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Indexed/Abstracted in: e-psyche, EMBASE, PubMed/MEDLINE, Neuroscience Citation Index, Science Citation Index Expanded (SciSearch), Scopus
Impact Factor 1,651
Online ISSN 1827-1855
Albanese V., Platania N.
Department of Neurosciences, Section of Neurosurgery, University of Catania, Catania
Background. Spinal intradural extramedullary tumors account for 2/3 of all intraspinal neoplasms and are mainly represented by meningiomas and schwannomas, with the former accounting for the 25-46% of all primary intraspinal tumors. Technical advances in imaging technique, magnetic resonance imaging (MRI) and surgical procedures have brought about significant better clinical results in the last 2 decades. Neverthless a small percentage of patients still present poor postoperative outcome mainly related to the duration of clinical history, the severity of preoperative neurological deficits and to some specific anatomo-surgical aspects.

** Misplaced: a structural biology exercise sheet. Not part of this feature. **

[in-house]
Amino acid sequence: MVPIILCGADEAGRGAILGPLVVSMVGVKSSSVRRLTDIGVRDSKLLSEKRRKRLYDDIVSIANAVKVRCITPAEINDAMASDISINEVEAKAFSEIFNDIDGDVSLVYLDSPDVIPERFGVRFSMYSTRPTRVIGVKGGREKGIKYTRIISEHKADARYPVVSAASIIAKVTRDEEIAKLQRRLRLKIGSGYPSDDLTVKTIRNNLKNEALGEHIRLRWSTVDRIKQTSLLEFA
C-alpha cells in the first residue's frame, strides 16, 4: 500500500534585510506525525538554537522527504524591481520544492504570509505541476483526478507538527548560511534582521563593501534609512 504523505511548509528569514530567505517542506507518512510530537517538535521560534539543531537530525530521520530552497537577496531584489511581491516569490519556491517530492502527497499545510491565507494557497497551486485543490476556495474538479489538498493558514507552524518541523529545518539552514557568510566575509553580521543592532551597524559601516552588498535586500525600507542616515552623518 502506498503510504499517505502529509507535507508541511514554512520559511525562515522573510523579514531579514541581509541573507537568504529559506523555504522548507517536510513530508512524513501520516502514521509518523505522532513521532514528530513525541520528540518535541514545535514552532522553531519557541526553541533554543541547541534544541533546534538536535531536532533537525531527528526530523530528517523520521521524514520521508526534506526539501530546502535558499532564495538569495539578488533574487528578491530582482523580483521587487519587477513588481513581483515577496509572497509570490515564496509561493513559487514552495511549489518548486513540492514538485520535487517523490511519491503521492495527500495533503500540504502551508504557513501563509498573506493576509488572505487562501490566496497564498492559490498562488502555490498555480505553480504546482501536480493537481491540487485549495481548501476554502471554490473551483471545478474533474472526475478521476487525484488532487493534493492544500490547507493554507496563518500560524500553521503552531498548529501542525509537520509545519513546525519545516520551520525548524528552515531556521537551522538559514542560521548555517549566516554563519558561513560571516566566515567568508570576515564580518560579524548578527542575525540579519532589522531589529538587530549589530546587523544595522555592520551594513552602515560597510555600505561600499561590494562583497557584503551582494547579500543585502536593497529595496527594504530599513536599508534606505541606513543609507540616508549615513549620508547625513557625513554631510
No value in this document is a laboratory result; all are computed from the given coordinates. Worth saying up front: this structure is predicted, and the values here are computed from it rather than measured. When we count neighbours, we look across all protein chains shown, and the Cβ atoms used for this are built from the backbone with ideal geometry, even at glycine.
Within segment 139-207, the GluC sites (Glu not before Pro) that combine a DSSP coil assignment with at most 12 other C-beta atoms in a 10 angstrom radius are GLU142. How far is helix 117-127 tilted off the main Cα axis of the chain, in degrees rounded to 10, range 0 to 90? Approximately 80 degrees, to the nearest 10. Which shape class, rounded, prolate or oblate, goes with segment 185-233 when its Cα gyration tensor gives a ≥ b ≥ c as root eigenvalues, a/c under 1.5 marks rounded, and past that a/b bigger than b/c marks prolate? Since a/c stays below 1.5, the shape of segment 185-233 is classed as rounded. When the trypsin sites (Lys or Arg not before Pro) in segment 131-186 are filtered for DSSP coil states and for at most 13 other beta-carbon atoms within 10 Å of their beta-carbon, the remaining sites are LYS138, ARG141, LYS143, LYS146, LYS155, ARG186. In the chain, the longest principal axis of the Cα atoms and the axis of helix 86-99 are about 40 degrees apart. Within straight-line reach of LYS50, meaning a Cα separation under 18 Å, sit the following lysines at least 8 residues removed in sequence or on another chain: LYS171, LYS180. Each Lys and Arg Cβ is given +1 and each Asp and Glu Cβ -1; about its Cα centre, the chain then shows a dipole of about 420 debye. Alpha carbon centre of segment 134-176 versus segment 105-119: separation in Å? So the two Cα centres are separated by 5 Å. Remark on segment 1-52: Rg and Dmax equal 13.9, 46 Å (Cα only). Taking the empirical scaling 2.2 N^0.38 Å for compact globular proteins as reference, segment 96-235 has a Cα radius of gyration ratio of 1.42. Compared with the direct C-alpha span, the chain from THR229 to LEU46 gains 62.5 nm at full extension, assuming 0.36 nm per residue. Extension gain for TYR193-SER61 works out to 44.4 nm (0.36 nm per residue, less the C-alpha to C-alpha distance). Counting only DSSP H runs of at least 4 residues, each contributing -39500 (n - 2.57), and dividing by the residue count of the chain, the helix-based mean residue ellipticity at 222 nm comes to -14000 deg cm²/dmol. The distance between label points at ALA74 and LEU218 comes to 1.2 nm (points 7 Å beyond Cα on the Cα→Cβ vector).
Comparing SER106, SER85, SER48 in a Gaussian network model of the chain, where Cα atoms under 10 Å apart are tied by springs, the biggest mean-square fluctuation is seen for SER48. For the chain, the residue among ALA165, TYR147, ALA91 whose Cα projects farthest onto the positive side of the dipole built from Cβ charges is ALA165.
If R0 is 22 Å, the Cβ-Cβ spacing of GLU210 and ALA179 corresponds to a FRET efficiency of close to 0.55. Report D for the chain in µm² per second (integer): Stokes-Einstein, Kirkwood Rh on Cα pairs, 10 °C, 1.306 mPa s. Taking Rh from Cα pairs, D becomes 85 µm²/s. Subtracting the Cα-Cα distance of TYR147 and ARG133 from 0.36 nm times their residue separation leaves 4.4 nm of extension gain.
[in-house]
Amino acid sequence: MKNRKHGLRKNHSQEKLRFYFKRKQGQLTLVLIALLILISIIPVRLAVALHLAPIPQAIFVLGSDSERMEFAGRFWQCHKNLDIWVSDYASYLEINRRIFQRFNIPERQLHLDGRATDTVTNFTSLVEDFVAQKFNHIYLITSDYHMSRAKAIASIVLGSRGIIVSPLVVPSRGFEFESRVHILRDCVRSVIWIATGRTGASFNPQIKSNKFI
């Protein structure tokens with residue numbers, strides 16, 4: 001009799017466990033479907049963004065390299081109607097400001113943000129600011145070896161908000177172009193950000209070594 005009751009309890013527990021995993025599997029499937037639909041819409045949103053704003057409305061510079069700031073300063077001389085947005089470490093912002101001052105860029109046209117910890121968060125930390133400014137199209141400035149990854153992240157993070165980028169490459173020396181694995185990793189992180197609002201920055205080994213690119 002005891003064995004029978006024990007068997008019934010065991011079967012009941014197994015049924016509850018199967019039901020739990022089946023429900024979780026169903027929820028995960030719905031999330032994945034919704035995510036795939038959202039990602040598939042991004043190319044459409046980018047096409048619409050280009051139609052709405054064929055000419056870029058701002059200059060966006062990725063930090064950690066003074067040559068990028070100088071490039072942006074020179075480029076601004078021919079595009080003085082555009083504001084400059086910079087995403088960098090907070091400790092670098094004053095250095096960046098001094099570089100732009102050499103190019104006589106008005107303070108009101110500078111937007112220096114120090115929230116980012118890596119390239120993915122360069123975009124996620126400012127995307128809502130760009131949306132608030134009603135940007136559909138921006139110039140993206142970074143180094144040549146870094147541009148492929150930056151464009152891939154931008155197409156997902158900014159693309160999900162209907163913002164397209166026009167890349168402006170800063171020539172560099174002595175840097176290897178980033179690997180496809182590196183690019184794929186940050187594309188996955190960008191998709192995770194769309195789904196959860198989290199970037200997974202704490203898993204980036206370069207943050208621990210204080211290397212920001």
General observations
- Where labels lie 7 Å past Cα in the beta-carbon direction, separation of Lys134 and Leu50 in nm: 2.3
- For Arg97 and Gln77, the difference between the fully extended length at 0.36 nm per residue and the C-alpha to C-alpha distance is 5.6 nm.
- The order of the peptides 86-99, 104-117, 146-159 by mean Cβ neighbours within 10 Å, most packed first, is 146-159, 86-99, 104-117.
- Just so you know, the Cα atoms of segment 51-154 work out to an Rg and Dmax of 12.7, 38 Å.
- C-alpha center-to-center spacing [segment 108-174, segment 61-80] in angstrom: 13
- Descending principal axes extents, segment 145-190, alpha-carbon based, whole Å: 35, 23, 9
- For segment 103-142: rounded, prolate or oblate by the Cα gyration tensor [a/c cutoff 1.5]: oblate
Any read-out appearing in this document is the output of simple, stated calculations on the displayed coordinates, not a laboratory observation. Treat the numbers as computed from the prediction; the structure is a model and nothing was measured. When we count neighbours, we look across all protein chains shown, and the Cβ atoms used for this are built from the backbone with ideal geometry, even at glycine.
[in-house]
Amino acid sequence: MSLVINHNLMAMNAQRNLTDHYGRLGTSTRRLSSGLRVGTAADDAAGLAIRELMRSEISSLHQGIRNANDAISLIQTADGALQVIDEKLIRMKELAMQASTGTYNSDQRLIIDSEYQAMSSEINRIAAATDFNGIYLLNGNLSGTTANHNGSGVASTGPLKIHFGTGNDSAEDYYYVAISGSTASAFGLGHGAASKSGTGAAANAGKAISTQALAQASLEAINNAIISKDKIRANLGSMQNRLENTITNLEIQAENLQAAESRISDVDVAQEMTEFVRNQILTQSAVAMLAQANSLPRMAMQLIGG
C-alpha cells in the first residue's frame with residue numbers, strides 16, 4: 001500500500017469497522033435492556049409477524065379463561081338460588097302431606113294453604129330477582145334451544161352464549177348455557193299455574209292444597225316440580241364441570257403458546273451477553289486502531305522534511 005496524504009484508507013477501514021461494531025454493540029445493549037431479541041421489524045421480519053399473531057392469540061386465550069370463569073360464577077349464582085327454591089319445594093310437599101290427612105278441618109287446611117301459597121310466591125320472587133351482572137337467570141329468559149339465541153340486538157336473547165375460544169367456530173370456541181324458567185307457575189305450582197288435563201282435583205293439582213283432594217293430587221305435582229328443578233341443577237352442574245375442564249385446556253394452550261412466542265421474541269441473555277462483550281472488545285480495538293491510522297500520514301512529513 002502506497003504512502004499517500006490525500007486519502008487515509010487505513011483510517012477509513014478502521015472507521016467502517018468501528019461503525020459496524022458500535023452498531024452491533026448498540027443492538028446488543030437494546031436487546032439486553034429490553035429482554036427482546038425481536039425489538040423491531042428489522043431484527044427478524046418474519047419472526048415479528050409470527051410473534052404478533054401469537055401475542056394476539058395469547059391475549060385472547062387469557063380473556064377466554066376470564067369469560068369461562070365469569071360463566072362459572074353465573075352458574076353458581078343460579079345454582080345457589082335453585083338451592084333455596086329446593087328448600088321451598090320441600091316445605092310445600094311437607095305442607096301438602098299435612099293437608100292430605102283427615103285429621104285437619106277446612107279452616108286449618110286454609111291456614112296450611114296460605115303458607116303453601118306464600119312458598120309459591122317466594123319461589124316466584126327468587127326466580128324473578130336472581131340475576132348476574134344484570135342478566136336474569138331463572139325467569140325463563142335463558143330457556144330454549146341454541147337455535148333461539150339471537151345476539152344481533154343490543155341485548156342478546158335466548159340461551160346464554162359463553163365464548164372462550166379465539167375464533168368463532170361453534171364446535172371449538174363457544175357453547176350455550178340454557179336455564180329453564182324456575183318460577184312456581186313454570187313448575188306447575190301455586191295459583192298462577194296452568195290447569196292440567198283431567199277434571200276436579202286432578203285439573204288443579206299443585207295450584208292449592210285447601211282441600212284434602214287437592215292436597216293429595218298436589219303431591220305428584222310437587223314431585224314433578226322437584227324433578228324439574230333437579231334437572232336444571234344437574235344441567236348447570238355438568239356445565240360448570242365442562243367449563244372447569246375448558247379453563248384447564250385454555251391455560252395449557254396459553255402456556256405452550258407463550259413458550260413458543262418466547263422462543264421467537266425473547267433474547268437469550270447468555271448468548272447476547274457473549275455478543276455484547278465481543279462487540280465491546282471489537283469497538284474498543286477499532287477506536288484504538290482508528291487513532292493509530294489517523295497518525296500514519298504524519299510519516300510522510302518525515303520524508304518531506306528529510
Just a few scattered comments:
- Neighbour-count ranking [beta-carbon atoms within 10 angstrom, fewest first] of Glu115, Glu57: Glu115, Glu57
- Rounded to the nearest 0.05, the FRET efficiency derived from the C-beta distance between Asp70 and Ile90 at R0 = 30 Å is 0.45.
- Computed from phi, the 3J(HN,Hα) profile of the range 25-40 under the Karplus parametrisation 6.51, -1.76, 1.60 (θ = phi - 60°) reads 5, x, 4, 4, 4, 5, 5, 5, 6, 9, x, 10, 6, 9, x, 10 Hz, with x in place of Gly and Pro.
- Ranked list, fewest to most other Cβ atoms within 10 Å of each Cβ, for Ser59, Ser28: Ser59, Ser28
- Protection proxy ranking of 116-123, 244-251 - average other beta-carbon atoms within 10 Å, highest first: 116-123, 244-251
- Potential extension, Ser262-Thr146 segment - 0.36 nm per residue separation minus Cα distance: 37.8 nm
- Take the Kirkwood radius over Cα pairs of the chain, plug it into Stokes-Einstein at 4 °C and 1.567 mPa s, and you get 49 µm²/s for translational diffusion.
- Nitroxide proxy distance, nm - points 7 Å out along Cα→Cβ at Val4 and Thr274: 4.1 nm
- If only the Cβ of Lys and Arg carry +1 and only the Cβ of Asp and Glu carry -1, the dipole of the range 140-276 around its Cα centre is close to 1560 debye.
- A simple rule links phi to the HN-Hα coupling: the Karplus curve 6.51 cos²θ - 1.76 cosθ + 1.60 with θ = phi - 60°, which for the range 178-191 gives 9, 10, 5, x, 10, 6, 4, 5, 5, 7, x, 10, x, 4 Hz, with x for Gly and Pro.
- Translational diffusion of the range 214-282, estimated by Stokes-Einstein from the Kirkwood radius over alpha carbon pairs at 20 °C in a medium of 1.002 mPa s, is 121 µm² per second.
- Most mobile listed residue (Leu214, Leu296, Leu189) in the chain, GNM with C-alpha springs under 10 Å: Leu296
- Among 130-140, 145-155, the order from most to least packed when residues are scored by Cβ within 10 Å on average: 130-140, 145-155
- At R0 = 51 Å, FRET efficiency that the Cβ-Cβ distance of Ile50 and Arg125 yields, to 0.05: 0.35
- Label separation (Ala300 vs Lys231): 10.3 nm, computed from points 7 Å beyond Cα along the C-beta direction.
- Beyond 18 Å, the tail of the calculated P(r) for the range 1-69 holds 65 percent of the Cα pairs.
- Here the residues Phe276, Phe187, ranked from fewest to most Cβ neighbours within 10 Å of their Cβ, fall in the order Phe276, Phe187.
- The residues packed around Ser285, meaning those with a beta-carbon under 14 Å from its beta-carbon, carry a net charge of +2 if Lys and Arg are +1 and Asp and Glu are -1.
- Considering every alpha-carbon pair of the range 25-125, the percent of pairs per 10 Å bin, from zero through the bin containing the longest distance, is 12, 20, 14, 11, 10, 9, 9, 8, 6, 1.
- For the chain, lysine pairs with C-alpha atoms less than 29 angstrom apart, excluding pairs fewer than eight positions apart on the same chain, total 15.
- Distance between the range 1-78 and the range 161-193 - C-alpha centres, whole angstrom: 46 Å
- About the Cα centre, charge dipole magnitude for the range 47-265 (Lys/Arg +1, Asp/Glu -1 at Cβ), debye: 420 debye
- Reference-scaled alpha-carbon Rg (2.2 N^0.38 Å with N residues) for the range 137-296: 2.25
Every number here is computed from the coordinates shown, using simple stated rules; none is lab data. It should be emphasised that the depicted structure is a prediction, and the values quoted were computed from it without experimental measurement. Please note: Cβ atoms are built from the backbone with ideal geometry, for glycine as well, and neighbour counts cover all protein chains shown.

Methods. In an effort to clarify the influence of these factors on patient’s outcome, the authors analyze the clinical, surgical and prognostic data of 41 patients with intradural extramedullary spinal tumor surgically treated between January 1990 and December 1999. The follow-up period ranged from 1 to 9 years. The clinical history until admission and treatment was 3-48 months for meningiomas and 1-72 months for schwannomas.
Results. Morbidity and mortality rate was 5 and 0% for meningiomas and 0 and 6% for schwannomas. Almost all the patients experienced a significant neurological improvement after surgery, with a percentage of Nurick’s grade 1 and 2 of 68% among patients with meningiomas and 66% among patients with schwannomas. Removal of the tumor was complete in 90% of meningiomas and 94% of schwannomas.
Conclusions. The authors address radical surgery as the ideal goal in these neoplasms, as it gives the patients the best long-terms results, pointing out the importance of systematic early identification of any main radiculomedullary artery during debulking and dissection of the tumor to avoid any risk of severe postoperative neurological worsening of the patients.